This consultation closes at 11:59 p.m. on:
February 22, 2019
We are proposing changes to the General Regulation under the Nutrient Management Act to reduce administrative burden and provide more business opportunities for agricultural producers while protecting the environment and public interest.
Nutrient Management Act and General Regulation
In Ontario, the Nutrient Management Act (NMA) provides for the management of nutrients in ways that provide for the protection of the natural environment and also provide a sustainable future for agricultural operations and rural development.
The General Regulation regulates the management of a variety of prescribed materials (e.g. on-farm and off-farm materials). The Regulation prescribes rules for the management of prescribed materials on an agricultural operation, including their storage and application. The Regulation requires certain agricultural operations to have a nutrient management strategy (NMS), nutrient management plan (NMP) or a non-agricultural source material (NASM) plan completed by a certified preparer. These documents are intended to outline the management processes and expectations to be taken by the operation to comply with the various regulatory rules through a systematic assessment process.
The NMA is jointly administered by the Ontario Ministry of Agriculture, Food and Rural Affairs (OMAFRA) and Ontario Ministry of Environment, Conservation and Parks (MECP). OMAFRA approves strategies and plans and MECP ensures compliance.
Removing the Automatic Cessation of a Nutrient Management Strategy (NMS) After Five Years
Once a NMS is approved and in force at an agricultural operation, there are a number of different situations that would result in its cessation (i.e. its expiry) requiring a renewal. One of these situations is the fifth anniversary of the day on which the NMS was either approved or last prepared.
We are proposing to remove the automatic cessation of a nutrient management strategy after five years. Producers would no longer be required to complete a new nutrient management strategy every five years, reducing administrative burden. The proposed regulation would not affect when an agricultural operation needed a NMS and the NMS would still need to be prepared by a certified person. The other cessation situations would remain unchanged in the Regulation, and a farmer would require a new NMS when there is: 1) a new or expanded livestock housing or manure storage; 2) some changes to an anaerobic digester; or 3) if there is a change in ownership (under certain circumstances only).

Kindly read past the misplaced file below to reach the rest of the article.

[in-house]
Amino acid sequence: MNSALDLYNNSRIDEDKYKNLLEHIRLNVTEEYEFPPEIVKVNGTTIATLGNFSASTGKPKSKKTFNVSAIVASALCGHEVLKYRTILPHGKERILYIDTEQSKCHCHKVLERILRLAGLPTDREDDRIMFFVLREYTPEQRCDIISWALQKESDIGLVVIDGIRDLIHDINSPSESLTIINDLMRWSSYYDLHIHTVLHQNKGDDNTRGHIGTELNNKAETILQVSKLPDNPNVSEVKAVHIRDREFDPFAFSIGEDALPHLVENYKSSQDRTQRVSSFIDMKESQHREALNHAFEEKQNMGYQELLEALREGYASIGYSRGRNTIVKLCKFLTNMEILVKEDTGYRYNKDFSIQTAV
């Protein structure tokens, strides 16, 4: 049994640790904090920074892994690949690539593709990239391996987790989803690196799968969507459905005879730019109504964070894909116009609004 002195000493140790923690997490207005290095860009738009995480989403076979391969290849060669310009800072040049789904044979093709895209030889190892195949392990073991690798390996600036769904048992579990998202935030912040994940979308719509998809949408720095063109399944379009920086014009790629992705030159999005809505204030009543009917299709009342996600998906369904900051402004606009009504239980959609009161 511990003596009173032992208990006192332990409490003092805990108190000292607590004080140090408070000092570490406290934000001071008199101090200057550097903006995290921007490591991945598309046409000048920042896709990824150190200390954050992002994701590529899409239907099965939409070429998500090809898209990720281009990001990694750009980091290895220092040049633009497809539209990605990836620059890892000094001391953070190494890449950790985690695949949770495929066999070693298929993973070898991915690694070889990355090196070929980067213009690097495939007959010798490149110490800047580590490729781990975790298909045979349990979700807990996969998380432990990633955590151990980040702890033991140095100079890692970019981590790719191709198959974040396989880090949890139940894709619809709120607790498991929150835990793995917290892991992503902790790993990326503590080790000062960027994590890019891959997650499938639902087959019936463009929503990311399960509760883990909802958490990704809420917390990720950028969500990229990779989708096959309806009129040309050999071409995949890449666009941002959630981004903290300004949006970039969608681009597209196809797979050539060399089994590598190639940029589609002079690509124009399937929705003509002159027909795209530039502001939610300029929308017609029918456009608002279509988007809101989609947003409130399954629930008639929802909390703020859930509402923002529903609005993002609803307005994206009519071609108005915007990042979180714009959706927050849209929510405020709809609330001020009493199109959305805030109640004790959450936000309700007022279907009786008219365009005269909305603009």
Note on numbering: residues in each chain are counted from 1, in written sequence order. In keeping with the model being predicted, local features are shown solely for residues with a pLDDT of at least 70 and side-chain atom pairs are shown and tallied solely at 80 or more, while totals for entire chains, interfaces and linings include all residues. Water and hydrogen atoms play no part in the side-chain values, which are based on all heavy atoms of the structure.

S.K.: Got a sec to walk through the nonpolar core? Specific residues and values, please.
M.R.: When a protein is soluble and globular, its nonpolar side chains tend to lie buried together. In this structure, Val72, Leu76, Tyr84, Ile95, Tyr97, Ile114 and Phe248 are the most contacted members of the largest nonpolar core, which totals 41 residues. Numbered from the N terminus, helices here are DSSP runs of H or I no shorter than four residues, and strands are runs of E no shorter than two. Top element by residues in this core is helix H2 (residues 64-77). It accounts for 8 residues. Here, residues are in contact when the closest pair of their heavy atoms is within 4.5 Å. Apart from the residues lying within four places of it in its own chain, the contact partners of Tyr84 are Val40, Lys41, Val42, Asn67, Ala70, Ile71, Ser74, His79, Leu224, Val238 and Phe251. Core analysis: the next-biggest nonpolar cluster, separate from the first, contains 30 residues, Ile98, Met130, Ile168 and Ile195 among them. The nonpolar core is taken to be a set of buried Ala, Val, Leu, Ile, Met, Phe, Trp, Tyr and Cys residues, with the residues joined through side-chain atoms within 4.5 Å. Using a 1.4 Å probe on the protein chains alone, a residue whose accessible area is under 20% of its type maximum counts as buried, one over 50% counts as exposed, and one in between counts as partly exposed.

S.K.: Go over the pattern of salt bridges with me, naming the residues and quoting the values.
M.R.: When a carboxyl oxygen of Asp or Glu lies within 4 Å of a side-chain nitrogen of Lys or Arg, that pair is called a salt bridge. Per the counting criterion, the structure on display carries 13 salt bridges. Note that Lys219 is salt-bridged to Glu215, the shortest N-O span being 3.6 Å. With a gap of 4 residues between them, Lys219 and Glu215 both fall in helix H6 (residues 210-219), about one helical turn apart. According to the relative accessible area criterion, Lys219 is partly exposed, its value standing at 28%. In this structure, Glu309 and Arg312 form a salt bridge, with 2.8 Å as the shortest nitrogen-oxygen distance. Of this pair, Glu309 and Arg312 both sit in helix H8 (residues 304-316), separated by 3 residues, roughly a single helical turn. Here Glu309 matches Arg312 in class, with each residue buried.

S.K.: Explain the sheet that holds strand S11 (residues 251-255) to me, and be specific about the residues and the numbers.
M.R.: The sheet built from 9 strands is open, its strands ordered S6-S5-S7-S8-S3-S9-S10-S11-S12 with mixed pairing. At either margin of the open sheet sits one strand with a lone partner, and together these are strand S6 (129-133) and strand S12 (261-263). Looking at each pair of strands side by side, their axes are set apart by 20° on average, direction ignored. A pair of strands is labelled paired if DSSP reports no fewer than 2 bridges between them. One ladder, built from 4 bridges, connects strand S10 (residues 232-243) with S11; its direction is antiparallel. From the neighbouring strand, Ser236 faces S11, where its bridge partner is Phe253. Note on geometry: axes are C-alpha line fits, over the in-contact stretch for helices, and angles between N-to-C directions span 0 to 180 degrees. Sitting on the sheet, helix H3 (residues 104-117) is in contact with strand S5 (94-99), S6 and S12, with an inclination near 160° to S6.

Including Low Risk Manures from Non-Farm Grazing Animals as Category 1 Non-Agricultural Source Material (NASM
The Regulation includes three categories of NASM: Category 1, Category 2, and Category 3. Each category has different regulatory requirements. Manures from non-farm grazing animals, such as zebra, elephant or kangaroo, are currently categorized as Category 3 NASM which has the most stringent rules associated with its management. These include sampling and analysis requirements and a requirement to have a certified person prepare a NASM plan and submit it to the Director for approval.
We are proposing to re-categorize low-risk manures from non-farm grazing animals as a Category 1 NASM. This proposed amendment would apply to businesses and agricultural operations looking to utilize these manures as a crop nutrient source and could help promote improved recycling of these materials. Under the proposed amendment, a NASM Plan and OMAFRA approval would no longer be required for application of these materials since they would be designated as a Category 1 NASM rather than a Category 3 NASM. These manures would still be subject to the Category 1 NASM land application rules.
Analysis of Regulatory Impact
It is anticipated that there would be no net increase in burden to businesses.
The proposed changes will benefit agricultural operations by reducing administrative burden and reducing compliance costs. Minimal administrative costs could include the time required by agricultural operators to read and understand the regulatory changes, should they be approved.
Removing the automatic cessation of a nutrient management strategy after five years will reduce administrative burden by removing the requirement to prepare a new nutrient management strategy every five years, even if there were no changes to the operation.
Including low-risk manures from non-farm grazing animals as Category 1 Non-Agricultural Source Material (NASM) will eliminate sampling and analysis requirements and eliminate the need to prepare a NASM Plan.
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